The art of listening and how to scale your employee experience program
Listening and acting on employee feedback is nothing new – understanding what matters most to employees and then using that to create engaging experiences at work is an essential activity for every organisation.
For today’s HR leaders, however, it’s more than just the traditional once or twice a year check-in – instead, they’re scaling their programs to collect feedback at every moment and experience that matters throughout the employee lifecycle.
But how do you go from one or two check-ins a year to a more holistic program that gathers feedback more frequently and at more touch points than ever before?
It Starts With the Right Feedback Systems
It’s become something of a fashion these days to claim the annual engagement survey is obsolete – but that’s not true – in fact, our research has shown the value of the census engagement survey, provided it’s not run more than 4 times a year.
Courtesy: Stock Photo Secrets
But what about the other experiences they have in between? How do you know what’s happening and driving their engagement, productivity, customer orientation, and more?
That’s where other feedback systems need to come into play, to fill the gap and provide the insights you need to drive those key metrics.
Invest in Scalable Technology
Digital technology is the foundation of all employee feedback systems and, when selecting the correct technology platform, you should be able to scale the platform as you scale your programs. There are, however, a few non-negotiables that must be present in your employee feedback system. For example, enterprise-grade security, ability for complex hierarchy and organisational structures, ability to complete full lifecycle data and always on feedback, and ability to link other experience data and operational data. These non-negotiable provide that foundation to grow and scale your program.
Collaborate Across the Organisation
Employee experience doesn’t happen in isolation – it’s everyone’s business and to get it right, it requires strong collaborate across all HR functions. A number of employee experience teams are utilising Agile and SCRUM tools to collaborate across their business. For example, EX SCRUM teams are composed HR, IT, and Business Partners working in EX sprints producing focused outcomes every two weeks like new feedback channel, updated feedback tools, or even data insights. These employee experience SCRUM teams are even utilising kanban and JIRA boards to track and hold individuals and teams to account.
Want to know more about the employee engagement survey template? Click here.
Anticipate Changing Needs
While it’s great to have a clear process and structure for your employee experience program, it’s important it matures and is guided by the changing needs within the business. For example, role-based dashboards that can be easily adapted to provide more insights over time as the user matures in their ability to digest data is critical for a successful EX program. Another example is a change in the C-suite could very quickly change the needs of the business and potentially your whole employee experience program. So be willing to change and adapt to external factors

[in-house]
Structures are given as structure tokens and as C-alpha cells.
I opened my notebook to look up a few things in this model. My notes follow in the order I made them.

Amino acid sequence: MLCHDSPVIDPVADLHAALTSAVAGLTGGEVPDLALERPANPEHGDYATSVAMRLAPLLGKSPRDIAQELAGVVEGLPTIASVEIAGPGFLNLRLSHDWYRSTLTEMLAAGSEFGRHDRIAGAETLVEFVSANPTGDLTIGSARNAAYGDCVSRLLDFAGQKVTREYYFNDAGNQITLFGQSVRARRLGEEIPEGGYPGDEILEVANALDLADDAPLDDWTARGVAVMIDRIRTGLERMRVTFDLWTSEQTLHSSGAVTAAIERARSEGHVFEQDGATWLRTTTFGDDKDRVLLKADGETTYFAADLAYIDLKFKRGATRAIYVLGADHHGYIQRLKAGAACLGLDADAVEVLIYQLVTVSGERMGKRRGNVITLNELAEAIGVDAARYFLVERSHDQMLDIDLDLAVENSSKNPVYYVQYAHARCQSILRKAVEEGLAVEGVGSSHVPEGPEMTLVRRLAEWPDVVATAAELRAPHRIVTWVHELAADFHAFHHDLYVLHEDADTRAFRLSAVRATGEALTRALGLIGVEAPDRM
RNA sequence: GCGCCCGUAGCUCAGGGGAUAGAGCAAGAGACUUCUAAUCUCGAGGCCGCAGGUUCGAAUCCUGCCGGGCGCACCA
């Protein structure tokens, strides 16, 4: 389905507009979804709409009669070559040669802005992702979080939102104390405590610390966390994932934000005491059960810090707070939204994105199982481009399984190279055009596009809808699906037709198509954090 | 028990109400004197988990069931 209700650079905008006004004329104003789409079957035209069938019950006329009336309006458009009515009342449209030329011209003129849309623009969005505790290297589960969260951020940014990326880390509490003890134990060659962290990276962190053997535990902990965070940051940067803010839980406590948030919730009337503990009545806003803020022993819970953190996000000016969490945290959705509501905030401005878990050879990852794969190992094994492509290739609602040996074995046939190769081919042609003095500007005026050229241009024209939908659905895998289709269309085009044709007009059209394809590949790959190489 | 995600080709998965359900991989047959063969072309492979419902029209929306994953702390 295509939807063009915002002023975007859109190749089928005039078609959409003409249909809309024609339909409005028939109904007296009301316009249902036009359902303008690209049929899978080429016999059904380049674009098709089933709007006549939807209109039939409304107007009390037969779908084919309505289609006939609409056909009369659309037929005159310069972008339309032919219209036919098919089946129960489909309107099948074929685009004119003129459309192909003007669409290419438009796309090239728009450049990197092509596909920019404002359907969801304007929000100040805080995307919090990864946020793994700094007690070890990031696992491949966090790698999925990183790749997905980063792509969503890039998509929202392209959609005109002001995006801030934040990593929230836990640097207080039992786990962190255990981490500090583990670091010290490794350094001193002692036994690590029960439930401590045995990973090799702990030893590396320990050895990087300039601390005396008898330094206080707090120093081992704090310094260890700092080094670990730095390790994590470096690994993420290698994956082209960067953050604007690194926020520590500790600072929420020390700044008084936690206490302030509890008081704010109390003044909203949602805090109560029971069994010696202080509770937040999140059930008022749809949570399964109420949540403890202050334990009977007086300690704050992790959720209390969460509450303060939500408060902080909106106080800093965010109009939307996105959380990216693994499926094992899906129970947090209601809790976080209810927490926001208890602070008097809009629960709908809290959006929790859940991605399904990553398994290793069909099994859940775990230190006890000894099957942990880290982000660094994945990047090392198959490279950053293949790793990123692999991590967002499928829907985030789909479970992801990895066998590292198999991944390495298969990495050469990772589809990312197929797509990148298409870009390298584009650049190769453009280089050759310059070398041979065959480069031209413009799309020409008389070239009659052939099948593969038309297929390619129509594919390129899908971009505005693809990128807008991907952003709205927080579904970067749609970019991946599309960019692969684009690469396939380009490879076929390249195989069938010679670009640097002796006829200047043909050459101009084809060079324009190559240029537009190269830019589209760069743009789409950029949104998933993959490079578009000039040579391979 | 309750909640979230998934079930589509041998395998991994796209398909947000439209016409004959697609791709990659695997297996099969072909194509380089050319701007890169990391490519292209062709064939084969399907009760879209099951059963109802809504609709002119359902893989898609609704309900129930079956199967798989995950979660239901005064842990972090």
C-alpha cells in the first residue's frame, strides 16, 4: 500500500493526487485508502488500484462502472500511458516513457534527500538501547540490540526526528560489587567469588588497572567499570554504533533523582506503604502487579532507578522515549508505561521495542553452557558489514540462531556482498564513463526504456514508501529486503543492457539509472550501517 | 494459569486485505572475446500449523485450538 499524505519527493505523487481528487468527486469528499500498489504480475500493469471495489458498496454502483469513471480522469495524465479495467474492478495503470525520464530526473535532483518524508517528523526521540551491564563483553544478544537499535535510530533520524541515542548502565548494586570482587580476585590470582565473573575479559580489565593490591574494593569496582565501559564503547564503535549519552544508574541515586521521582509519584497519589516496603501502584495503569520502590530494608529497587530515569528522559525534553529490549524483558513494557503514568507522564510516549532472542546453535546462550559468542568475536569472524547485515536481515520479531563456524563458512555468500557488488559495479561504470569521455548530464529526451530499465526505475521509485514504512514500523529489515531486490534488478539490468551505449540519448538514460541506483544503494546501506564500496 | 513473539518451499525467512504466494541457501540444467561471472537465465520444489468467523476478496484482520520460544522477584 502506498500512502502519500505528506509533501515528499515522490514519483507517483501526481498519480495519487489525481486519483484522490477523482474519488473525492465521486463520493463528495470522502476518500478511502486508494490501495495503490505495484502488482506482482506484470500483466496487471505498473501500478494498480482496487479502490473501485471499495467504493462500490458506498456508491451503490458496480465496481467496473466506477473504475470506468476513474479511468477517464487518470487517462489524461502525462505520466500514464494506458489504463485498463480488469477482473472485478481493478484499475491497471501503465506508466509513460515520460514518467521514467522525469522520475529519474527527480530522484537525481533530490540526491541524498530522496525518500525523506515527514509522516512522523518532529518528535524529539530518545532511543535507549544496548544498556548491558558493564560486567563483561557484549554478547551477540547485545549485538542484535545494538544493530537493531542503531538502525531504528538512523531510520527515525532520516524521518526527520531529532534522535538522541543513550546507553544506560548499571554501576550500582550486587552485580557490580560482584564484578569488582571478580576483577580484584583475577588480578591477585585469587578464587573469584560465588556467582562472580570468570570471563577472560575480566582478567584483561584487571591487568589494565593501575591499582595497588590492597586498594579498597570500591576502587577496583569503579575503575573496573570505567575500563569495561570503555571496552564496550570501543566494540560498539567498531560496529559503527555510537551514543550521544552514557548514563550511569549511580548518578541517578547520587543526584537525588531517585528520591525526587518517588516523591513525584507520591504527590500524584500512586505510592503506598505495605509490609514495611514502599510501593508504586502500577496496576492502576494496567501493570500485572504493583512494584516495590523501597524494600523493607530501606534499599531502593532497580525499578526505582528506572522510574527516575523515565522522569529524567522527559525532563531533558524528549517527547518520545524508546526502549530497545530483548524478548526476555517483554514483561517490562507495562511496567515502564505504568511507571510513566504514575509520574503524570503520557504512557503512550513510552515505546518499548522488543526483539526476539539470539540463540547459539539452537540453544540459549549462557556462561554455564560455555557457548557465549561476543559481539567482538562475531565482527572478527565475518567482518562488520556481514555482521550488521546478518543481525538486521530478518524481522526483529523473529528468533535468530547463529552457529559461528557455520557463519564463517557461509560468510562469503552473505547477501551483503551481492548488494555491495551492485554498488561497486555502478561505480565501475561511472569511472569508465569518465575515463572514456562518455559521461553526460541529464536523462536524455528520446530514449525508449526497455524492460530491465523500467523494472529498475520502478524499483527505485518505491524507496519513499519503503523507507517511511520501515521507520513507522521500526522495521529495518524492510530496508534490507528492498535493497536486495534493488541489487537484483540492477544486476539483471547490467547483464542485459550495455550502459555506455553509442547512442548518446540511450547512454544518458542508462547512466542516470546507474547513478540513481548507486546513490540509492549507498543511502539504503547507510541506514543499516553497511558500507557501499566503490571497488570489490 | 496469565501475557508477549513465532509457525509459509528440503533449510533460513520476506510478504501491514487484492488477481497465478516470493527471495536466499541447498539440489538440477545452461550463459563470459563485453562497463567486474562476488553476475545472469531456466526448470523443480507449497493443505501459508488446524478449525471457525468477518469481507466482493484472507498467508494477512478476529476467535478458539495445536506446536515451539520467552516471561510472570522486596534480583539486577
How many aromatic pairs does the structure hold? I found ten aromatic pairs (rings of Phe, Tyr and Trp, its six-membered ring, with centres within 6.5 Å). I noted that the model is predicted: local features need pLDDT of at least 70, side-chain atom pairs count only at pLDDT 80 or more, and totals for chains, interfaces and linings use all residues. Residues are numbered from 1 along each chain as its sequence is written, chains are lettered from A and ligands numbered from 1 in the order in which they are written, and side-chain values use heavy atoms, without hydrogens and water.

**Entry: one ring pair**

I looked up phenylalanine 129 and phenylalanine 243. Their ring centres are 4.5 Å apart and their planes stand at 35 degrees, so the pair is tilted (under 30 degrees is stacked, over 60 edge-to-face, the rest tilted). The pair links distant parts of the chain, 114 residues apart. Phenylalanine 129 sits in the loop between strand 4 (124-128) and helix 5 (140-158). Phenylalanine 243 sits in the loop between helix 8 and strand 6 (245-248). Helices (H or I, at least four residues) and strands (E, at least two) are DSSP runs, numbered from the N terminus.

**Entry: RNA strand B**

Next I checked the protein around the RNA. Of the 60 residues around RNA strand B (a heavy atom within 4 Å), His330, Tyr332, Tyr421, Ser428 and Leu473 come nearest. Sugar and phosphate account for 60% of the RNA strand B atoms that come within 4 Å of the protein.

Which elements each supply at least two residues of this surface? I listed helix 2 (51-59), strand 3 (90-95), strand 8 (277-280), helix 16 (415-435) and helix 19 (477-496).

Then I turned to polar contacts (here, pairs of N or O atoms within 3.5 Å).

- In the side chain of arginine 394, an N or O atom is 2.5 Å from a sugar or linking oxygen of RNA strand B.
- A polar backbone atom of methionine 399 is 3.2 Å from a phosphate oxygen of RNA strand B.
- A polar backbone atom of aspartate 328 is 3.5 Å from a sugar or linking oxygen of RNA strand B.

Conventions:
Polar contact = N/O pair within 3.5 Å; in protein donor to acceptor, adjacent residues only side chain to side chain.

Create a Culture of Employee Feedback
Only one in five HR practitioners report that their organisation collected employee feedback across the key employee experiences. It’s an unfortunate reality, considering how important an open feedback process is to employees. Employees who say their company responds to their feedback “extremely well” are 5 times more likely to stay in their roles than those who say their company responds “not well at all”— and 12 times more likely to recommend their company to friends and family as a place of work.
Cultivating Executive Alignment
For your program to be most successful, executives need to believe that employee experience management is fundamental to the success and the survival of the organisation. When working with clients, I always highlight the importance of pushing their executives to move beyond “score chasing.” You can do this by asking the executive team to help you develop and define the ideal employee experience, and then take time to map out the steps it takes to get there, and the employee insights you need to drive those steps.
Once you’ve aligned senior leadership to your plan, tying the program outcomes to the outcomes of the business will drive long-term sustainability and program success. Do this by identifying urgent and top-of-mind business challenges, then build the ROI case via existing research, ROI frameworks, and internal case studies.
Qualtrics is the technology platform that organisations use to collect, manage, and act on experience data, also called X-data™. The Qualtrics XM Platform™ is a system of action, used by teams, departments, and entire organisations to manage the four core experiences of business—customer, product, employee and brand—on one platform. Over 9,000 enterprises worldwide, including more than 75 percent of the Fortune 100 and 99 of the top 100 U.S. business schools, rely on Qualtrics to consistently build products that people love, create more loyal customers, develop a phenomenal employee culture, and build iconic brands.
To learn more and for a free account, visit:
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